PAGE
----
Jako Lucas is one of Yellow Dog's ambassadors, and he waves the blue and yellow flag wherever he's fly fishing in the world. Part of our two-part series on fly fishing for taimen in Mongolia, Jako was kind enough to give us the low-down. Taimen fishing in Mongolia is a bucket list item for every serious angler. This is an interview you don't want to miss.
Tell us about the species. What are their habits? What makes this species so unique? What’s the draw to fishing for Taimen? Where will they likely be found in a river?
Taimen are the largest member of the Salmonid family and have been known to reach up to 200lbs historically, but the all-tackle world record is 128lbs.
Taimen fishing is not easy which makes it an incredibly rewarding fish to catch on the fly. In essence, you are also fishing for an endangered species. The big draw is to see a monster “trout.” Taimen destroy a dry fly. I have even had 30inch Taimen get swallowed whole by huge fish!
Taimen are very aggressive predators, but they also like to conserve their energy in the big fast running rivers they live in. They are found in environments with extremely harsh conditions and manage to survive through some seriously cold winters where the rivers freeze over, so they have to eat when the time allows. They can be found in very similar holding water as trout but could be anywhere when they are hunting. I have found 50inch fish in ankle deep water. As the guide team says out here in Mongolia: they are everywhere, and they are nowhere…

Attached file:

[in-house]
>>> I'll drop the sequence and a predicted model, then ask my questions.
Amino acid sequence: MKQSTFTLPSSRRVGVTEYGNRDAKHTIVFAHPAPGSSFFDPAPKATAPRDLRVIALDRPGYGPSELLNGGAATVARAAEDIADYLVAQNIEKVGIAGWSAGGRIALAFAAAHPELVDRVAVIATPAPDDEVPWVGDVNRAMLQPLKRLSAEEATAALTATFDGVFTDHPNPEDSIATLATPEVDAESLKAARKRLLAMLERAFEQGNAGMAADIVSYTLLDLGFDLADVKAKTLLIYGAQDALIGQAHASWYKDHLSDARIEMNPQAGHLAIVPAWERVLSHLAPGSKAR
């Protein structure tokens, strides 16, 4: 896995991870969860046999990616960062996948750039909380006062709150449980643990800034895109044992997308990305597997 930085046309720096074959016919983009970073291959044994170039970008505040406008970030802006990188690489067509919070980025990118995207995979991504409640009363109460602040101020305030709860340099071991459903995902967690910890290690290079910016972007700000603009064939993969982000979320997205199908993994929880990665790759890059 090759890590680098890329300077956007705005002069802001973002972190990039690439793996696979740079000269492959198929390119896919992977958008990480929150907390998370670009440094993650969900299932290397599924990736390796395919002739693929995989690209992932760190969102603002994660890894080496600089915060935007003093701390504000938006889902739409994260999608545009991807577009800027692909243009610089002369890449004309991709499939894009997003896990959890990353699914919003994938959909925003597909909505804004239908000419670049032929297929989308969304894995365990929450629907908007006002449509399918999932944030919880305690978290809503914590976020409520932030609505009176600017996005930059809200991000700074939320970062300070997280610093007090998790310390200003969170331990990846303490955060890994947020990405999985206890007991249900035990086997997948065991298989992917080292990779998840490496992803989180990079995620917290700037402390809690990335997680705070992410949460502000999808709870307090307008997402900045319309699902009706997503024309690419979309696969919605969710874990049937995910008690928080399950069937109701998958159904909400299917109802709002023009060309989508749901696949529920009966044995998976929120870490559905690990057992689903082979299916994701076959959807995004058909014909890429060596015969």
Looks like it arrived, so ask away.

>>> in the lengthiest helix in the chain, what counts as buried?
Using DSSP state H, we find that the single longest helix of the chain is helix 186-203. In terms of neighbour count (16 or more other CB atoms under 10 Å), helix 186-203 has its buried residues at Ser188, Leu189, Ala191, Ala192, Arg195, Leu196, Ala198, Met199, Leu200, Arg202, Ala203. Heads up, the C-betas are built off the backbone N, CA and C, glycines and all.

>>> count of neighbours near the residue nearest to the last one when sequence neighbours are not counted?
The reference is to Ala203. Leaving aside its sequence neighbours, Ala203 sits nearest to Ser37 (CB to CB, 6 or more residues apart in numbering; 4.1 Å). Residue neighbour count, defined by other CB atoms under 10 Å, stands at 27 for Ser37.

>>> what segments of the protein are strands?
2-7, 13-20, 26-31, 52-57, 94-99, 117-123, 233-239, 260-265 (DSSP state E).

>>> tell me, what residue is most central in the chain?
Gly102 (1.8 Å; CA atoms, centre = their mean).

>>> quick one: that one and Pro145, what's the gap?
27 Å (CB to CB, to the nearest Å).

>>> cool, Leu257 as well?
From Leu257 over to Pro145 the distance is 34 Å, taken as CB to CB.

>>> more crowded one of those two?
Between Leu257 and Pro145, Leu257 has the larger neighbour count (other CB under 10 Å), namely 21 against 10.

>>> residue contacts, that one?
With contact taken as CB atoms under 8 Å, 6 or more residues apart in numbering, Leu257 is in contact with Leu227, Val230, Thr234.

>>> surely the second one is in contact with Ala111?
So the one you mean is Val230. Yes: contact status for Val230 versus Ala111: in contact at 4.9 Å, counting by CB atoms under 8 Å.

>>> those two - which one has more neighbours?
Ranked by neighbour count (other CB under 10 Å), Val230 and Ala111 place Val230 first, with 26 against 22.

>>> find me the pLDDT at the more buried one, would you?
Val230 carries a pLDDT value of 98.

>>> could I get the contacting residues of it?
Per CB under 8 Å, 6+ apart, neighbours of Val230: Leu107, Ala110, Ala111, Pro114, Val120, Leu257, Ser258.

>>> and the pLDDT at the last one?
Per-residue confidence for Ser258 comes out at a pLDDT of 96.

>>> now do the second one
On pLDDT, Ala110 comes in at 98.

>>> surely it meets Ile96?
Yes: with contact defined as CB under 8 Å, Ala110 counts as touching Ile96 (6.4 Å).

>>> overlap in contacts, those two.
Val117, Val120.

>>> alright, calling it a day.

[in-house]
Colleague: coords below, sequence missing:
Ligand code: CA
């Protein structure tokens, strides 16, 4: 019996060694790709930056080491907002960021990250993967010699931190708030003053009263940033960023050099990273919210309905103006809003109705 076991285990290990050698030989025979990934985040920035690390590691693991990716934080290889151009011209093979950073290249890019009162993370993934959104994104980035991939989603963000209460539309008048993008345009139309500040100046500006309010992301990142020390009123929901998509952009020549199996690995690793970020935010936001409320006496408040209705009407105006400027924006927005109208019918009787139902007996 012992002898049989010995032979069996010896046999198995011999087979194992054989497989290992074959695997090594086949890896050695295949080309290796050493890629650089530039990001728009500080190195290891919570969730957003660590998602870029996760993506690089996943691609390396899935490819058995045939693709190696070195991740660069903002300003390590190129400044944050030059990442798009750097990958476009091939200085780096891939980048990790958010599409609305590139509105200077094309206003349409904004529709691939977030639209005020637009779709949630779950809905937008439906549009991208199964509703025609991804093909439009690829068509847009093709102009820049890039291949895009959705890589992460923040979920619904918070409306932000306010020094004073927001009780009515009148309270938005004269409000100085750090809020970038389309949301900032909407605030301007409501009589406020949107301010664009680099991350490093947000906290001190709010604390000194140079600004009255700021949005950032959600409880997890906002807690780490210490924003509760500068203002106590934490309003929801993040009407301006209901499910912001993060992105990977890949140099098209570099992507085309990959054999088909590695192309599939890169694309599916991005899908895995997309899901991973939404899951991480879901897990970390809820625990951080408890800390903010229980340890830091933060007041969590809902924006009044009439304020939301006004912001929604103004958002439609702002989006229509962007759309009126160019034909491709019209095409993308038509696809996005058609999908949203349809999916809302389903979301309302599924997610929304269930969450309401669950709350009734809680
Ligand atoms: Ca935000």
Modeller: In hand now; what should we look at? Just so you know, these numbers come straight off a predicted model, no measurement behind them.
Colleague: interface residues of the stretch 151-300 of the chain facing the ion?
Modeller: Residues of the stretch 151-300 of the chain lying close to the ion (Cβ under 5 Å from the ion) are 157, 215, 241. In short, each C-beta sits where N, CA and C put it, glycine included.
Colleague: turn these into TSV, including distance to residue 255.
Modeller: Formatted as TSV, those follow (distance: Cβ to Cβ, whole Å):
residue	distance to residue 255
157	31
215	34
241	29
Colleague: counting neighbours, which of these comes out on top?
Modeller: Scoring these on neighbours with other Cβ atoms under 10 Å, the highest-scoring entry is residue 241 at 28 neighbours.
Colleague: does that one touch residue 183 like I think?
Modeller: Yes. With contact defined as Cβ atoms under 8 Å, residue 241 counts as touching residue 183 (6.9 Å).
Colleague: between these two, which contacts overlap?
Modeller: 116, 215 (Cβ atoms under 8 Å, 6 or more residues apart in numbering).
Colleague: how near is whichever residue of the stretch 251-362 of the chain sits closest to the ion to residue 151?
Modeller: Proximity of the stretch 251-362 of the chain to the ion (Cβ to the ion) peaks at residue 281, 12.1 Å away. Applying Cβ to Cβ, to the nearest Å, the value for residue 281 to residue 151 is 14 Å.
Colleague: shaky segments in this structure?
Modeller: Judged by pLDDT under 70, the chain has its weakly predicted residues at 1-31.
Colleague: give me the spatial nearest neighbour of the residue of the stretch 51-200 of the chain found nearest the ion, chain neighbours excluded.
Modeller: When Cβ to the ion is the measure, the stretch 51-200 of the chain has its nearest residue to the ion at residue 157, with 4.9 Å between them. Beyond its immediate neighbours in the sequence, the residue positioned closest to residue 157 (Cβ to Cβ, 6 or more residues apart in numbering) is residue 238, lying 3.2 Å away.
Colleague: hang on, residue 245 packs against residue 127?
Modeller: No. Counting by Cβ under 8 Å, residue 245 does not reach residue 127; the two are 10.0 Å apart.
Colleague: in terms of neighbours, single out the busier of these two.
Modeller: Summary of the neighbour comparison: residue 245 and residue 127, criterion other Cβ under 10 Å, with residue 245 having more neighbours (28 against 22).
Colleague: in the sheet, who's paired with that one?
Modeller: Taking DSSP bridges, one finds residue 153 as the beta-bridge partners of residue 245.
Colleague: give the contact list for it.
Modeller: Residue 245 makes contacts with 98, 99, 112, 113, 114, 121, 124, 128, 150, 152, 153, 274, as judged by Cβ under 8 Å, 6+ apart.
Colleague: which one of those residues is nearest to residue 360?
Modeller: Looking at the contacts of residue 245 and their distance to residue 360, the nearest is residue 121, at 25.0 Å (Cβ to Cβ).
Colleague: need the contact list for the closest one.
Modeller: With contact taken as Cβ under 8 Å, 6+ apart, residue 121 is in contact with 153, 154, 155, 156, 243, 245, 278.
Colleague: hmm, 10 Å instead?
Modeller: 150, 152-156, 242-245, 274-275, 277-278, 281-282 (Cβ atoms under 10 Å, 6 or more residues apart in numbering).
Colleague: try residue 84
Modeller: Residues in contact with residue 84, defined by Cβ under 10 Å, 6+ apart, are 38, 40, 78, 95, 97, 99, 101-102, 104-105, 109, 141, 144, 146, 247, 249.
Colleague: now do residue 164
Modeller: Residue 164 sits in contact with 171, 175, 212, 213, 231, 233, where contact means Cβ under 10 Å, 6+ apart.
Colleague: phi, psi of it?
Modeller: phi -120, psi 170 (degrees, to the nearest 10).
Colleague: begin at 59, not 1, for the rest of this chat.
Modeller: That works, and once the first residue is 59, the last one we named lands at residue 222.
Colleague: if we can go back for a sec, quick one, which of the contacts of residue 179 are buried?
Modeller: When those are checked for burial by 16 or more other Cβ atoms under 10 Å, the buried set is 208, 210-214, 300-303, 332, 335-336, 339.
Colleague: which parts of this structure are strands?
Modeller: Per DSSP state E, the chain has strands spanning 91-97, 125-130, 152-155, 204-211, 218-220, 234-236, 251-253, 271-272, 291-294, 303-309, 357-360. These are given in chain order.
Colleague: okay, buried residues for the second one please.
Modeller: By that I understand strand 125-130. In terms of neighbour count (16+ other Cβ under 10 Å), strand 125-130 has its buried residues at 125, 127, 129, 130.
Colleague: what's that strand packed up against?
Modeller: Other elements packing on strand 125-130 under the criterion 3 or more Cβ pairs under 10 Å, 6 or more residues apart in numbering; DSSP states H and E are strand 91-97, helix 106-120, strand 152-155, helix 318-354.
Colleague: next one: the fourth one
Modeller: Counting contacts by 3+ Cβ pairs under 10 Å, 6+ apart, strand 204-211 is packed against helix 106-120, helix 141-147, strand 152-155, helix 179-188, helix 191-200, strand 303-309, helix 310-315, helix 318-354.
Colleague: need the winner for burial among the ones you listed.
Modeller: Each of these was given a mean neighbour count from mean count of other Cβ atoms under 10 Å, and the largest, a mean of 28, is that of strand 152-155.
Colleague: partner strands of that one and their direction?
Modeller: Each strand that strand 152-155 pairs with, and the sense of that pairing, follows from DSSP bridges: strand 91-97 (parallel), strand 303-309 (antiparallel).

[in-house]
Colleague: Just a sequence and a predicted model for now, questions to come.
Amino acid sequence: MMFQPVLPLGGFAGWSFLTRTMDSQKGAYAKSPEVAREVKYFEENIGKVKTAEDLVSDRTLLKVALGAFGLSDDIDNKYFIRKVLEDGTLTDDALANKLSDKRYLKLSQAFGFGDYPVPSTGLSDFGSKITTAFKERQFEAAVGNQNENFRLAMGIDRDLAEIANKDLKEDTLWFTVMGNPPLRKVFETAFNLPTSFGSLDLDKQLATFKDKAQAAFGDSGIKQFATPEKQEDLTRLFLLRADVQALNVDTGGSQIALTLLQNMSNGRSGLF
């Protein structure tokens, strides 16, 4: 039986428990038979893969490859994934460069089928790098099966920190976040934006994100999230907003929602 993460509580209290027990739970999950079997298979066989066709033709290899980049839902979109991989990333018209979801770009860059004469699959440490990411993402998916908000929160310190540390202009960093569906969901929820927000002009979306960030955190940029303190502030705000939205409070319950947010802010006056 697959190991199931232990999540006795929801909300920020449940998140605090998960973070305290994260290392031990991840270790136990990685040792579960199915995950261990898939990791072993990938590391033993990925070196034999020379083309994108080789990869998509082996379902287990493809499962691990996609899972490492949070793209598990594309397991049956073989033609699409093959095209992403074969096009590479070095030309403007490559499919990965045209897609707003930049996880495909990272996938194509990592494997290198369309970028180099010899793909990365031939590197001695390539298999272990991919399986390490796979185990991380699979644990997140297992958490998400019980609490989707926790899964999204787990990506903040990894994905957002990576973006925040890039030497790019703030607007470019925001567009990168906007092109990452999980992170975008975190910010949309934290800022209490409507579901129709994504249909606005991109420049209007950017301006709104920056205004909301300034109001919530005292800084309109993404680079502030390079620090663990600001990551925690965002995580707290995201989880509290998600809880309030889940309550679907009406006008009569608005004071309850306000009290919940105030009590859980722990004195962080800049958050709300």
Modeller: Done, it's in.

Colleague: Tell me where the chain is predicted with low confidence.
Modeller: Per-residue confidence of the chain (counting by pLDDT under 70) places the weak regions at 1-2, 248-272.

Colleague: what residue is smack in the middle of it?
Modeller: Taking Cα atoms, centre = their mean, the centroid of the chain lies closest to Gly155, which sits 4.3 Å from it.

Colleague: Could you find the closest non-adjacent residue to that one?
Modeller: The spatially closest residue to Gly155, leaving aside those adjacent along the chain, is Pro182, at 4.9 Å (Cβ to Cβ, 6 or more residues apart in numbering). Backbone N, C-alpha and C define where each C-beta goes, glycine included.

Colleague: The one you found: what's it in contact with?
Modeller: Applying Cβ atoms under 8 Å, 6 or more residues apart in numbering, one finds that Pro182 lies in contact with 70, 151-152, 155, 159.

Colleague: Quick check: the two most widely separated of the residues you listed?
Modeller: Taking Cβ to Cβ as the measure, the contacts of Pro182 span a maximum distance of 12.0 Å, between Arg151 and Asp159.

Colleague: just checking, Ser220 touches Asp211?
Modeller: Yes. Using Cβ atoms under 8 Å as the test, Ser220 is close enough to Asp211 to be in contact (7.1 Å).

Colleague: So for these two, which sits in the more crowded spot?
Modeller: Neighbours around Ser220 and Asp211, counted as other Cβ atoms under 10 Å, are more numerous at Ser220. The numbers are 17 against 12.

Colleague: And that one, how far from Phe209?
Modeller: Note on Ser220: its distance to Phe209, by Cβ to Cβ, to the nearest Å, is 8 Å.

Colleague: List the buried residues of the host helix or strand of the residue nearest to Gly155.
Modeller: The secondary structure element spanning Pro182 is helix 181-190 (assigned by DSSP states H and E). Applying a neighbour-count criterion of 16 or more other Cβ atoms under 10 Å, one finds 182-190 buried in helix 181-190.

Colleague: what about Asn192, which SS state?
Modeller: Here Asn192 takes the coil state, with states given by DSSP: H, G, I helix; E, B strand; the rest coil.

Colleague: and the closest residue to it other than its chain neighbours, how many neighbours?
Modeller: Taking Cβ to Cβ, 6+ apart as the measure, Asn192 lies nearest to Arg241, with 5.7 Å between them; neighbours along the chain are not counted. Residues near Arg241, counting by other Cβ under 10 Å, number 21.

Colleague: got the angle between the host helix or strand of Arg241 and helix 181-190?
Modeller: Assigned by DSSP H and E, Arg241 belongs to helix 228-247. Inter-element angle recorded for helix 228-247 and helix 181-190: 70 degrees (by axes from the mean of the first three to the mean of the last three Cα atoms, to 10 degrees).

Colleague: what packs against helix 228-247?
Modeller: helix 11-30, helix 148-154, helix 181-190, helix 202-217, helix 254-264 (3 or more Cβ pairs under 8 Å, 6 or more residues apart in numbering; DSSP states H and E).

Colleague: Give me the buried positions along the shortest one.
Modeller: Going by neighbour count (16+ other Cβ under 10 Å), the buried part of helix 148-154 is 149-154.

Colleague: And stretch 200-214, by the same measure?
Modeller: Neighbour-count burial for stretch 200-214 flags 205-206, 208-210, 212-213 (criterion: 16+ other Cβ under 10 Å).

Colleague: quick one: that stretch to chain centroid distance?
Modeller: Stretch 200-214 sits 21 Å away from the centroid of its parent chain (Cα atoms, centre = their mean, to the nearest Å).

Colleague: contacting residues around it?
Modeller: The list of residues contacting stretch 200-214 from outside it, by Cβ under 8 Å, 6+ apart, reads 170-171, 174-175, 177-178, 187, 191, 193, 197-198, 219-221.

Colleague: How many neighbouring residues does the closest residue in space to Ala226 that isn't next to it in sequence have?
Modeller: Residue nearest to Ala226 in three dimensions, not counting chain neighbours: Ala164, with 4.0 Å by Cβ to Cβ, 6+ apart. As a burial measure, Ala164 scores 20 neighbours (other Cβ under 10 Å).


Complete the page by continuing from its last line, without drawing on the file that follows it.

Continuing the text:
What makes the Taimen fishery of Mongolia, and Mongolia itself special?
I absolutely love Mongolia. It is an amazing fishery that might remind one of Montana, but the only difference is you can find “Trout”/Taimen over 60inch. The Mongolian people are amazing; it is not only a great fishing experience but also a spiritual experience.
How do you fish for Taimen? What are the important tactics, techniques, and tips used for fishing for Taimen?
Well, basically we are swinging flies in a very aggressive manner. Imagine casting a giant squirrel pattern at a 45-degree angle and jigging it across the surface as if it’s swimming or possibly injured. We also use the same technique when fishing a sinking line, but obviously, it is swinging and jigging large baitfish patterns in the deeper pools. You need to be on guard 24/7 as you could have the fish of a lifetime hit your fly at every second. One thing that is also very different to normal trout fishing is that we set the hook with a strip set. If you trout strike a fish, you will loose almost every one of them. We always say set the fly like you want to break your fly off.
Basic gear requirements and recommendations on what to look for?
Ok so here is what I think works best regarding fishing tackle for Mongolian Taimen:
- Rods – 8 to 10wt, 9'0'' to 10'0'' or if you want to use a spey rod, I would use a 13'0''-14'0'', 8-10wt rod.
- Reels – Matching 8-10wt reels (Because these fish are the alpha predator in the river they will normally swim towards you and try and inspect what is going on. I have had fish make long runs, but typically a very dogged fight and they do jump)
- Lines – You will need one rod rigged with a full floating line and one rod with a sink tip or full sink. (Cortland 450 Deep Salt)